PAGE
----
Do You Suffer from Your Dog’s Bad Breath?

When was the last time your loveable canine gave you a big wet kiss? If your dog has doggie breath, you may not be the only one who is suffering. But your dog’s problem extends beyond the odor. Canine halitosis (dog breath) can be a sign of periodontal disease or a mouth infection. The symptoms of periodontal disease are not limited to foul breath but also include excessive tartar build up, tooth discoloration and gum disease. Most dogs will suffer from some degree of periodontal disease but with proper dental care and food, the degree of the affliction can be limited.

Mouth infections are a more serious issue that will require a visit to your veterinarian. If the gums and soft tissue supporting the teeth are severely inflamed, it could be stomatitis. Another cause of bad breath could be a severe cavity, abscess, tooth fracture or something caught in the gum line. If you suspect any of these afflictions, bring your dog to the veterinarian for evaluation and treatment for pain with antibiotics.

If you have ruled out infection and are faced with periodontal disease, there are some treatments to help your dog’s breath.

Proper Diet–Dry food is a good choice to provide chewing and gum stimulation. Moist food does not have to be chewed as thoroughly and can stick to the teeth. Rawhide and other dry chewing treats will also provide a chewing exercise. Consider food and treats with tartar control. Avoid giving your pet real animal bones as they can splinter and bits of bone can lodge under the gum line and cause injury.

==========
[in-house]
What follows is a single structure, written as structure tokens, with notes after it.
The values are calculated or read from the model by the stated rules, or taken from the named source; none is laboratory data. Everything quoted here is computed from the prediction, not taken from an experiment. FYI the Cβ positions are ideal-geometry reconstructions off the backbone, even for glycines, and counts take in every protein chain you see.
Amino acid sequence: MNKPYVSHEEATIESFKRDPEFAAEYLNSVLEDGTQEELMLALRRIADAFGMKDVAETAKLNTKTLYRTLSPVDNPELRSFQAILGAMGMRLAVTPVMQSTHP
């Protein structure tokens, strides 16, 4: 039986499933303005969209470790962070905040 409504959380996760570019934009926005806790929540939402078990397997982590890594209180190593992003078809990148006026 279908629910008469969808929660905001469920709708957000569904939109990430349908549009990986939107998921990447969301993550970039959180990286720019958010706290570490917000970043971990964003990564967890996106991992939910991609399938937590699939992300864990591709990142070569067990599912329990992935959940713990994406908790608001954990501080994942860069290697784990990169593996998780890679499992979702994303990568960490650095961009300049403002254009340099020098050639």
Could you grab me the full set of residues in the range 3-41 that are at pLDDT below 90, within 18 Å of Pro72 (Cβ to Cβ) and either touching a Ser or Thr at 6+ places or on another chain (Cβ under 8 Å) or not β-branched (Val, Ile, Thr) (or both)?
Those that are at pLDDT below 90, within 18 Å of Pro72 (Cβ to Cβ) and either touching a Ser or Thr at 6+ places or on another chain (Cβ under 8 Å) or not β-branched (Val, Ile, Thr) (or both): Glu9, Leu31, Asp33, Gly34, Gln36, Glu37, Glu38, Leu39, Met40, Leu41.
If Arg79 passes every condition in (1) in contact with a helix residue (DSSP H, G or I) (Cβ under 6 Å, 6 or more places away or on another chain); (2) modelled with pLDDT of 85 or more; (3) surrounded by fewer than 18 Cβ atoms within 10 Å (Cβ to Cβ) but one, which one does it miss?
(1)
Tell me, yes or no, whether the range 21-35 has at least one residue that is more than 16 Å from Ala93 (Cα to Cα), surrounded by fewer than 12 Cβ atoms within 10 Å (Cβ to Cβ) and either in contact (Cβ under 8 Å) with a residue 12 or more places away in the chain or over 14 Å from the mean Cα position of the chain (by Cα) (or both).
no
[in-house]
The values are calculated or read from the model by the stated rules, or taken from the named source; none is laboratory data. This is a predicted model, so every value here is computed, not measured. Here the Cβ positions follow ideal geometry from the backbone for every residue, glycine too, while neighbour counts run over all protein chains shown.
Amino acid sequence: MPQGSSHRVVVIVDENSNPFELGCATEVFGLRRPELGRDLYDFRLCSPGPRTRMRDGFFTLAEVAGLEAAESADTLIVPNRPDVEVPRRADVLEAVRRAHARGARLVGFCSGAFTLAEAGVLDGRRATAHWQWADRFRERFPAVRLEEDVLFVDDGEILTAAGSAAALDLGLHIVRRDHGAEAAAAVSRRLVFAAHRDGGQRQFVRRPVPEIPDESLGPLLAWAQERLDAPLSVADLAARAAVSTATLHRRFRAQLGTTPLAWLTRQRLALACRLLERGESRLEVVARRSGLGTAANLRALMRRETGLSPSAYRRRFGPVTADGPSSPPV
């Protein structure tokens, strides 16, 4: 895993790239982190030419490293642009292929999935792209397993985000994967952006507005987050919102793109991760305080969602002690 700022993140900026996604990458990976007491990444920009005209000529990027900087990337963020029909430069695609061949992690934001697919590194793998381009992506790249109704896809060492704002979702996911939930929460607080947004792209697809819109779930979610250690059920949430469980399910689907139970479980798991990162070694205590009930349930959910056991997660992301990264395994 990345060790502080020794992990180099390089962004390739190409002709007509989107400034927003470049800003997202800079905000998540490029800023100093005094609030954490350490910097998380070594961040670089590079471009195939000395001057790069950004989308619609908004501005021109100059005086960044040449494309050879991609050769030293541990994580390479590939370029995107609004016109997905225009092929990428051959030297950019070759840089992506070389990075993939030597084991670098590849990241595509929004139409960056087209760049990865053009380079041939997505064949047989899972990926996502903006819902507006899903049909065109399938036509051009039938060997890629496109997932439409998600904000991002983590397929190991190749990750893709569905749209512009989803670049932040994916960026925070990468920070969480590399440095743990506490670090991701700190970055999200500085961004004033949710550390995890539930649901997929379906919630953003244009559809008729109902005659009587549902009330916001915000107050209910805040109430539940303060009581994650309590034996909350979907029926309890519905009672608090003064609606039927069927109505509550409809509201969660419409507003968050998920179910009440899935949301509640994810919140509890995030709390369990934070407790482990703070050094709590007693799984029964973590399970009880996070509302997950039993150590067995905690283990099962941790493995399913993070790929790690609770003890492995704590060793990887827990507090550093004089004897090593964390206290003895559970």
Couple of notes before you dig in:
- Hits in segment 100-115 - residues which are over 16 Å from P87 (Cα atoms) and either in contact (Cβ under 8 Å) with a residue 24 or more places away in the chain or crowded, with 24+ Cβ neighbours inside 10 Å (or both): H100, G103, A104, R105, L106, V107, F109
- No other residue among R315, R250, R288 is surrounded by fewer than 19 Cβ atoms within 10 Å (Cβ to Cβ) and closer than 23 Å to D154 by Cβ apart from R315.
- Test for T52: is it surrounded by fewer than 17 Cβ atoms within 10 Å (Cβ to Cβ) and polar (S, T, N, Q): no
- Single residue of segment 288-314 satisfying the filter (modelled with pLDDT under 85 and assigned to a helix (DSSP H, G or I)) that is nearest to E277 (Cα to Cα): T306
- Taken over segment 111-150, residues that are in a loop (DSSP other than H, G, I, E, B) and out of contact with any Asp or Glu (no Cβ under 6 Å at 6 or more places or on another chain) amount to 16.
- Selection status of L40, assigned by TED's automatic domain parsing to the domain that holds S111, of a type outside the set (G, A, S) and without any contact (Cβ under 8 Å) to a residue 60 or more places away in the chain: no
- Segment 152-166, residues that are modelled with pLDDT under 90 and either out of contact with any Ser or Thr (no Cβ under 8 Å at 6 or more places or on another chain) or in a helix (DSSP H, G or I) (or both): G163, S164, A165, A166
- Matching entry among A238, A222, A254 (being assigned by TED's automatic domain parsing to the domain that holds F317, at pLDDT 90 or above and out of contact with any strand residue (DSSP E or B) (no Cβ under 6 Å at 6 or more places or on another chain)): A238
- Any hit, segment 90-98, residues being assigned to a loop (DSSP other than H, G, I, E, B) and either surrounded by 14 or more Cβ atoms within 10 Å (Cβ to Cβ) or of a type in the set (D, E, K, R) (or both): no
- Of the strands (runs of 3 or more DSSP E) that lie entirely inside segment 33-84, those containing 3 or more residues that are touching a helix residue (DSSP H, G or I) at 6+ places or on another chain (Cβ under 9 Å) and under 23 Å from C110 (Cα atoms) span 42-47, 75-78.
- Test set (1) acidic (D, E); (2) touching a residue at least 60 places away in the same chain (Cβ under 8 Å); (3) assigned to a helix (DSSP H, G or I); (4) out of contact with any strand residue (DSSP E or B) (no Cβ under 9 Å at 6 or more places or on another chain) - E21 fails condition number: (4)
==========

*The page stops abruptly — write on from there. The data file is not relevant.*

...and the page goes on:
Brush Teeth–Ideally your dog’s teeth should be brushed once a day but realistically a minimum of twice a week is acceptable. There are special brushes, pastes and rinses to make this job more enjoyable for your dog. Don’t use mint-flavored human toothpaste. It’s foaming action and ingredients are hard on your dog’s stomach. Opt for special dog friendly pastes like tuna or meat flavored instead. Start with one or two teeth and work up to a whole mouth routine. If your dog won’t accept the brush, try a pediatric finger brush. It is a rubber, thimble-like devise that fits over your finger. The rubber bristles are soft and might be more comfortable to your dog.

Copyright 2006 Dave Eckholm/Old Dog Paws

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